Tech Tent - ransomware, election bots and AI
On this week's Tech Tent - your weekly status update on the technology business - we have three stories reflecting our current anxieties about the nature of our digital world.
We'll discuss the biggest cybersecurity threat of the moment, the use of bots in the fight to get the upper hand on social media during the US elections and the ongoing debate about the risks of artificial intelligence.
This week, producer Jat Gill and I attended a demo by security firm Sophos which left us both rather scared. James Lyne from the firm played a bad guy launching an attack on a company, while two colleagues played the increasingly confused system administrators trying to work out what was going on as chaos engulfed the network.
We then heard that the principle weapon in the attackers' armoury was now ransomware. This is malicious software that first takes over your network, then encrypts all your files before demanding a ransom - usually in Bitcoin - to unlock them.
This is now proving a major threat to organisations from hospitals to police forces - we don't know the exact scale of the problem because it seems many quietly pay up without telling anybody.
What's really scary is that some of this ransomware is now out there on the internet but without any way of even paying the criminals behind it, who have long since moved on. That means there is no way of unlocking your encrypted files.
So what's to be done? James Lyne tells us that companies which regularly update their security systems should be safe - but the most important advice is to make regular back-ups of your files, and make sure they are insulated from the rest of your network.
Bots for Trump
Computational propaganda is the term Professor Philip Howard of Oxford University uses to describe his research project. He is on this week's show talking about his study of Twitter activity during the Presidential debates.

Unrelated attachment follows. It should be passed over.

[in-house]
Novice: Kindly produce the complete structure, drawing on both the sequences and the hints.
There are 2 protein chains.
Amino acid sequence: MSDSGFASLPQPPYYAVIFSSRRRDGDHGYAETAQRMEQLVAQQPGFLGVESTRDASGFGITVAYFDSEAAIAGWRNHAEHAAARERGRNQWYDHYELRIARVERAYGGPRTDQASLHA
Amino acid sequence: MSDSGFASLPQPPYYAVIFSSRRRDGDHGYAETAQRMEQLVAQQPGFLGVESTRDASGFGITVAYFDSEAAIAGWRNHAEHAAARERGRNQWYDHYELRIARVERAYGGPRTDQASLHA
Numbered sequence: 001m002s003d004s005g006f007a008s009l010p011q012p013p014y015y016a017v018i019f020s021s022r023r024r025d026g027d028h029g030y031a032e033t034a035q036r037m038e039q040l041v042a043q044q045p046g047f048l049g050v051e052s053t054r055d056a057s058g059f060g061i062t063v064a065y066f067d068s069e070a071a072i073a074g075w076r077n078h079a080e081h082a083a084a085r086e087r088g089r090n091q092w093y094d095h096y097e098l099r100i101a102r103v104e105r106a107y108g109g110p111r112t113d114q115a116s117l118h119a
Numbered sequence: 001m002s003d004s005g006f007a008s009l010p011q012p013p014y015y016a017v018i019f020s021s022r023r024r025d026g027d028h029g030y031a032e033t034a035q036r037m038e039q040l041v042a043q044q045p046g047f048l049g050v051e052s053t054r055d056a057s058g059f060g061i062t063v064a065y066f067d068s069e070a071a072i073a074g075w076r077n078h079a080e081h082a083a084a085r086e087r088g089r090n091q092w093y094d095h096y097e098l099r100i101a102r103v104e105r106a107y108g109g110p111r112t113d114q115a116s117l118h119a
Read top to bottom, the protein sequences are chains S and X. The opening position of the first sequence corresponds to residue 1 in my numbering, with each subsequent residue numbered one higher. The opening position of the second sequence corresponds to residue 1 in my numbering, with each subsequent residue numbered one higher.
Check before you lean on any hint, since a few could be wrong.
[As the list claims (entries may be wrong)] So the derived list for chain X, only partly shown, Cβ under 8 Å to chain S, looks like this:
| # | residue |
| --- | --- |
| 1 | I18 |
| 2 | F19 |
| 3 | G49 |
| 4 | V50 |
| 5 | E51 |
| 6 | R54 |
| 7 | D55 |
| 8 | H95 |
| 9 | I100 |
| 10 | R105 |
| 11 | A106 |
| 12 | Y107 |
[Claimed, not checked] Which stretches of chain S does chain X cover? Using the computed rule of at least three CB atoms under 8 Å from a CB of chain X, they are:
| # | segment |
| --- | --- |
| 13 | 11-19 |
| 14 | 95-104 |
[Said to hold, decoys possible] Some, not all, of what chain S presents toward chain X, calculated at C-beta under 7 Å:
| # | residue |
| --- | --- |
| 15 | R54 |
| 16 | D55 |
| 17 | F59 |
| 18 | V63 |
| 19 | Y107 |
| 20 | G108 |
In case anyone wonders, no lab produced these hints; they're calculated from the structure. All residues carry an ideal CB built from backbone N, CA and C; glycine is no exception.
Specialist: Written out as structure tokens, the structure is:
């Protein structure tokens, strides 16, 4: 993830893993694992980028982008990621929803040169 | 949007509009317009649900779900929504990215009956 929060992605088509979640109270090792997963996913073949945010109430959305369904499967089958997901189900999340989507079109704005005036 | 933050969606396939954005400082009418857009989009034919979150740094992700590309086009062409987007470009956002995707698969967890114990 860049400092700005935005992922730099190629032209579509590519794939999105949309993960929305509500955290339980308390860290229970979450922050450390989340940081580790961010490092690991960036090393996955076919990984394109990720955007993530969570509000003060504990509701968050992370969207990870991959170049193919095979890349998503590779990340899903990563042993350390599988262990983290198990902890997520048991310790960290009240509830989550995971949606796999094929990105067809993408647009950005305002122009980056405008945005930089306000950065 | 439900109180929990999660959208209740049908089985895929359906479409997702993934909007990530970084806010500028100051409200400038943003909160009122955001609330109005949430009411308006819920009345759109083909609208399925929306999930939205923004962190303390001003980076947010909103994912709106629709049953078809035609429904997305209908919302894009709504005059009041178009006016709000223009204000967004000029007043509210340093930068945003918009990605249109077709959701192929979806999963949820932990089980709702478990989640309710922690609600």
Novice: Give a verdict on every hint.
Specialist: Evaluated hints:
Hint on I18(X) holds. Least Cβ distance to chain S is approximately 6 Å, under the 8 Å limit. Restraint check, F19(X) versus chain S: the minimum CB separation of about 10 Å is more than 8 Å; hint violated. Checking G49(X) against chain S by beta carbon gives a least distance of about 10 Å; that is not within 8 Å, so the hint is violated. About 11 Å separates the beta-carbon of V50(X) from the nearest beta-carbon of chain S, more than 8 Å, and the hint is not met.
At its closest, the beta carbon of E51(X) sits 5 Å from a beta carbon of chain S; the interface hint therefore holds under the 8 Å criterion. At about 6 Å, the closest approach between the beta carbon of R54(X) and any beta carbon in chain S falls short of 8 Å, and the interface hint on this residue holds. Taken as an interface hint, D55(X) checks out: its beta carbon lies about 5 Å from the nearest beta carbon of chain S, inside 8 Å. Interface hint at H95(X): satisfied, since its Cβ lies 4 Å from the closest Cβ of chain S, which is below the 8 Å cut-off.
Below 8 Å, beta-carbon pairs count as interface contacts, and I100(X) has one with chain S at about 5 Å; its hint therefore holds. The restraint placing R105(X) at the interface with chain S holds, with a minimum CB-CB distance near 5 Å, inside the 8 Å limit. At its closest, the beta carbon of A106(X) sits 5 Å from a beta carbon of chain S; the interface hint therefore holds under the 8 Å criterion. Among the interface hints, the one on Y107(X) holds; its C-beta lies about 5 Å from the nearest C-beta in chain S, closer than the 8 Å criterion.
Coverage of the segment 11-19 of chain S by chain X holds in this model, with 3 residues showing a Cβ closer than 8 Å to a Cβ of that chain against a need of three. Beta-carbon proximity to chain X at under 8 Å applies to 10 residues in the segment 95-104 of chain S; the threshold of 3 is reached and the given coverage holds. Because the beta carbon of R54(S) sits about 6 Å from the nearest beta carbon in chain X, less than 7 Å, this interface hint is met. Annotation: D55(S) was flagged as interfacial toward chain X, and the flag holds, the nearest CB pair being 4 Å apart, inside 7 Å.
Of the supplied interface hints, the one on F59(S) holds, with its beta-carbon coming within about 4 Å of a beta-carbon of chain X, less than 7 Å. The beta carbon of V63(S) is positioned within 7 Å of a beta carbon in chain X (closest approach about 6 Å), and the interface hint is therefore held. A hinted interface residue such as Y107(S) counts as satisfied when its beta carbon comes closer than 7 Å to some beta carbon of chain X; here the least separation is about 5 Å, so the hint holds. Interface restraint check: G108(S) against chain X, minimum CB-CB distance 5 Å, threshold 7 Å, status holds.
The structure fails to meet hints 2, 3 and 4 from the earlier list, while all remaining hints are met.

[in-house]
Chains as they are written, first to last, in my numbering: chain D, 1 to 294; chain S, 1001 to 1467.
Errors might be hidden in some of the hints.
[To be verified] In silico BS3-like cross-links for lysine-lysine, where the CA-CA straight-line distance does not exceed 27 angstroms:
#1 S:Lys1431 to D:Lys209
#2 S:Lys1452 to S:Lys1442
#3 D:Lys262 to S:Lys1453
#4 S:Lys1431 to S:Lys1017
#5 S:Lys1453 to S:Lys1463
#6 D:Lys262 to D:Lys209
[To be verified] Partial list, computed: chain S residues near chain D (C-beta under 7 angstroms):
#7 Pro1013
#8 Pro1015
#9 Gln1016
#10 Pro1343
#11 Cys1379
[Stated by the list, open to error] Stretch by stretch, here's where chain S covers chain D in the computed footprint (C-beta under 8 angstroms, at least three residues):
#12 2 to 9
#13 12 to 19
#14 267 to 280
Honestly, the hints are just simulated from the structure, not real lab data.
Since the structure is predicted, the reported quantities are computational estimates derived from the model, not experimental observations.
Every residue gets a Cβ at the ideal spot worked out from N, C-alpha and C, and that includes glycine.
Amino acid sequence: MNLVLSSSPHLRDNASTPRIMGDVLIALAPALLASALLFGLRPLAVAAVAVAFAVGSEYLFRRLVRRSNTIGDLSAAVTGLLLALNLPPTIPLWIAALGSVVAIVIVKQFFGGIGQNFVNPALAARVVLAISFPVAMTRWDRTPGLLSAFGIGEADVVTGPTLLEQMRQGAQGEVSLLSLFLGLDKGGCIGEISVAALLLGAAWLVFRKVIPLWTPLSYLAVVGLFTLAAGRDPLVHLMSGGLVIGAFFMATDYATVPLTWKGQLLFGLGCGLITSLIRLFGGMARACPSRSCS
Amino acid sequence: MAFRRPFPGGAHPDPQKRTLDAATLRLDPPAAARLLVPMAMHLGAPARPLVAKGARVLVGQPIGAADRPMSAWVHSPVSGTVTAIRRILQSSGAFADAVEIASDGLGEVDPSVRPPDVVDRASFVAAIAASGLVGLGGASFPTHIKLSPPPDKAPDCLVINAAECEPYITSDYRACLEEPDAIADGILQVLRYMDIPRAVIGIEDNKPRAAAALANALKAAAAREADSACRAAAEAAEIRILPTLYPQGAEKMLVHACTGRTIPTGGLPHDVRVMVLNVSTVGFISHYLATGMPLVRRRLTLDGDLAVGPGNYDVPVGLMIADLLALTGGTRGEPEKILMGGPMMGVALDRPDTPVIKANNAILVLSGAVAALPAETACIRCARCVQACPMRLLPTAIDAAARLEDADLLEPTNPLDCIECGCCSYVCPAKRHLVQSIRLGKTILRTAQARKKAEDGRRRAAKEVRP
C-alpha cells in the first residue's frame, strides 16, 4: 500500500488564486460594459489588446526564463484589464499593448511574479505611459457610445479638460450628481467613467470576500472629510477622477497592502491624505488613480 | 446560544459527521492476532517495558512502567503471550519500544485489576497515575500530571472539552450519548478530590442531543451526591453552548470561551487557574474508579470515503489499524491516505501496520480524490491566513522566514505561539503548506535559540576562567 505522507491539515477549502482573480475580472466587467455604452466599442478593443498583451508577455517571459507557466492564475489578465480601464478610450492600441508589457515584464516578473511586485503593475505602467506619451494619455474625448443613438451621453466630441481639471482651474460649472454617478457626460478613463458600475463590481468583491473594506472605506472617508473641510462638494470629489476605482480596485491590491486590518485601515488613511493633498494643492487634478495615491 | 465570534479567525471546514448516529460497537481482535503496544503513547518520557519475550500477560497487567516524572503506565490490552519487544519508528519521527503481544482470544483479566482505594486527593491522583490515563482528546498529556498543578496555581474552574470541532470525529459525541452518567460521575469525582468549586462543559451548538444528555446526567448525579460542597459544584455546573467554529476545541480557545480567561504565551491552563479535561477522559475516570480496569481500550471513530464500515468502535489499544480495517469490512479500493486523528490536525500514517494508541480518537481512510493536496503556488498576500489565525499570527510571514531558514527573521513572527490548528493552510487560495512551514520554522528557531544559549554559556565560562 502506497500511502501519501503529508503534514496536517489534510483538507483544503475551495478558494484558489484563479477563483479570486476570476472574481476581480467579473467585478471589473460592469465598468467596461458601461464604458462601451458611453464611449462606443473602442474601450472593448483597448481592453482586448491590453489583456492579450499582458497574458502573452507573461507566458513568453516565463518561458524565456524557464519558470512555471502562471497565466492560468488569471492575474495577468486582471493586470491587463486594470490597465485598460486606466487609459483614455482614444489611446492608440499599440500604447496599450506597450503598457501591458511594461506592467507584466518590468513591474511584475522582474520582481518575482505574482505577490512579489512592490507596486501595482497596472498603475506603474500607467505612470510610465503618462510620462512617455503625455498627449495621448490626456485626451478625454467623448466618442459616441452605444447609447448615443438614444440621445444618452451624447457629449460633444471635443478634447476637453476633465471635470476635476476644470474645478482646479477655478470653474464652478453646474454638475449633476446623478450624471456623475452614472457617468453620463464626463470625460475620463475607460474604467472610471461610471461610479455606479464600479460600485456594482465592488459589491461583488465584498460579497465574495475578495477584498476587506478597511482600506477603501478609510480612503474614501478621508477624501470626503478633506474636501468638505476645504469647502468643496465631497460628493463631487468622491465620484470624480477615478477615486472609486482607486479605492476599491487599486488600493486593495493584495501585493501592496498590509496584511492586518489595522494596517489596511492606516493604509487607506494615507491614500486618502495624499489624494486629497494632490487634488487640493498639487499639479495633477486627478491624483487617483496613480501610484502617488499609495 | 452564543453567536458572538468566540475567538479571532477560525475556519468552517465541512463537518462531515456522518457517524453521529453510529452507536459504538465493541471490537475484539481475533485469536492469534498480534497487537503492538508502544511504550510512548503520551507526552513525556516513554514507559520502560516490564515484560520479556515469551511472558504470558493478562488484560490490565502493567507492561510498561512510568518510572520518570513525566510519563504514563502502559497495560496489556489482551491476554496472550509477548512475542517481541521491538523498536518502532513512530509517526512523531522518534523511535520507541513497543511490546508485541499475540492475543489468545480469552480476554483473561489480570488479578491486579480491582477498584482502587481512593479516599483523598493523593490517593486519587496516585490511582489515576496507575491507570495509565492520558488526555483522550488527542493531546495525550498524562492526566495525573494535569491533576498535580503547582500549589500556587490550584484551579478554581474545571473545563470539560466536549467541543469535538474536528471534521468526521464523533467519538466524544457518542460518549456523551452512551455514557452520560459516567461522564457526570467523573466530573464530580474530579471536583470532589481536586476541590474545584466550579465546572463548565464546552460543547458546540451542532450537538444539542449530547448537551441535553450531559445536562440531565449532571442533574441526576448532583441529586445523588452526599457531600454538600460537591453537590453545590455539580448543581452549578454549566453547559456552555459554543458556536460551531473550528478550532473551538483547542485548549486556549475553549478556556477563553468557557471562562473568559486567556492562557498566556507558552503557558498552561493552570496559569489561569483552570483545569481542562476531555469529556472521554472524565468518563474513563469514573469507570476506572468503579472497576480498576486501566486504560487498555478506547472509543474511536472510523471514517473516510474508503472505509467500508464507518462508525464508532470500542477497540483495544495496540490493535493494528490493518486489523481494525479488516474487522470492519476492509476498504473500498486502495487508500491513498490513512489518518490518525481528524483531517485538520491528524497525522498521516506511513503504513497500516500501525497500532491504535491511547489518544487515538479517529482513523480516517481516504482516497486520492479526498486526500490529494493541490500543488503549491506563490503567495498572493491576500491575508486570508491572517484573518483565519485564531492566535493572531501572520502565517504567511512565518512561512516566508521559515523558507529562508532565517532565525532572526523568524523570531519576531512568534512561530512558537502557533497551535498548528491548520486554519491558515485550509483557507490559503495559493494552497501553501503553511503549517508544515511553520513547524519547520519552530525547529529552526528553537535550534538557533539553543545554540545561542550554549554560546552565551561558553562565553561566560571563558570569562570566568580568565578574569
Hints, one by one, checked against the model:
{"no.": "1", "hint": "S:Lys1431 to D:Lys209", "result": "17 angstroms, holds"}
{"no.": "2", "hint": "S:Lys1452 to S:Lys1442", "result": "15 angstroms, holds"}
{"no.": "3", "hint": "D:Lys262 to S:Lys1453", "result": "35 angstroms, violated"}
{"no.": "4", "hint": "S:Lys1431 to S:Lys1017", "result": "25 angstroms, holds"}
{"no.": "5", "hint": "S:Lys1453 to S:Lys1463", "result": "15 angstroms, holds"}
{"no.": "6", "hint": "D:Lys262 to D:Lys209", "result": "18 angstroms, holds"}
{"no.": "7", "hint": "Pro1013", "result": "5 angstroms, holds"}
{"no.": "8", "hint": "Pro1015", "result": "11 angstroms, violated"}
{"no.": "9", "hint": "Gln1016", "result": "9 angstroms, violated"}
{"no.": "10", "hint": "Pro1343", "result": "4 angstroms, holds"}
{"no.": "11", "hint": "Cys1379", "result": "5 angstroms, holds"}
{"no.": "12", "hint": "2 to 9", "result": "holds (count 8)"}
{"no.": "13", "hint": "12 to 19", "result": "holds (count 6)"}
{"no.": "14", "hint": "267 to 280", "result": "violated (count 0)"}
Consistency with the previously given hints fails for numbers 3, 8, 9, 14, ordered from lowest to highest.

His research - which has not yet been peer reviewed - appears to show that many more automated accounts are being used to tweet in support of Donald Trump than the bots backing Hillary Clinton.
During British election campaigns I get bombarded with reports from sentiment analysis firms, claiming they can mine Twitter to understand who is winning over voters. Those claims always seemed dubious - even more so, now that it appears that expertise in running bots is becoming the prime weapon in social media campaigning.
The ethics of AI
At a period when new advances in Artificial Intelligence seem to be reported every day, the ethical issues surrounding its impact on our lives are rising up the agenda.
This week saw the opening of an AI think tank, the Centre for the Future of Intelligence, in Cambridge with Prof Stephen Hawking renewing his warnings that the technology could bring extraordinary benefits to mankind - but could also spell the end for us.
Then on Thursday night I took part in a Cambridge Union debate opposing the motion: "This House fears the rise of artificial intelligence". I'm afraid to report that our side lost - and fear won - though all the speakers agreed we needed a more nuanced view of AI.
And that's what we get on Friday's programme from one of the pioneers of artificial intelligence research in the UK, Prof Margaret Boden. She tells us to stop worrying about some apocalypse that is a very remote danger but start thinking about the ethics of using robots to care for the elderly.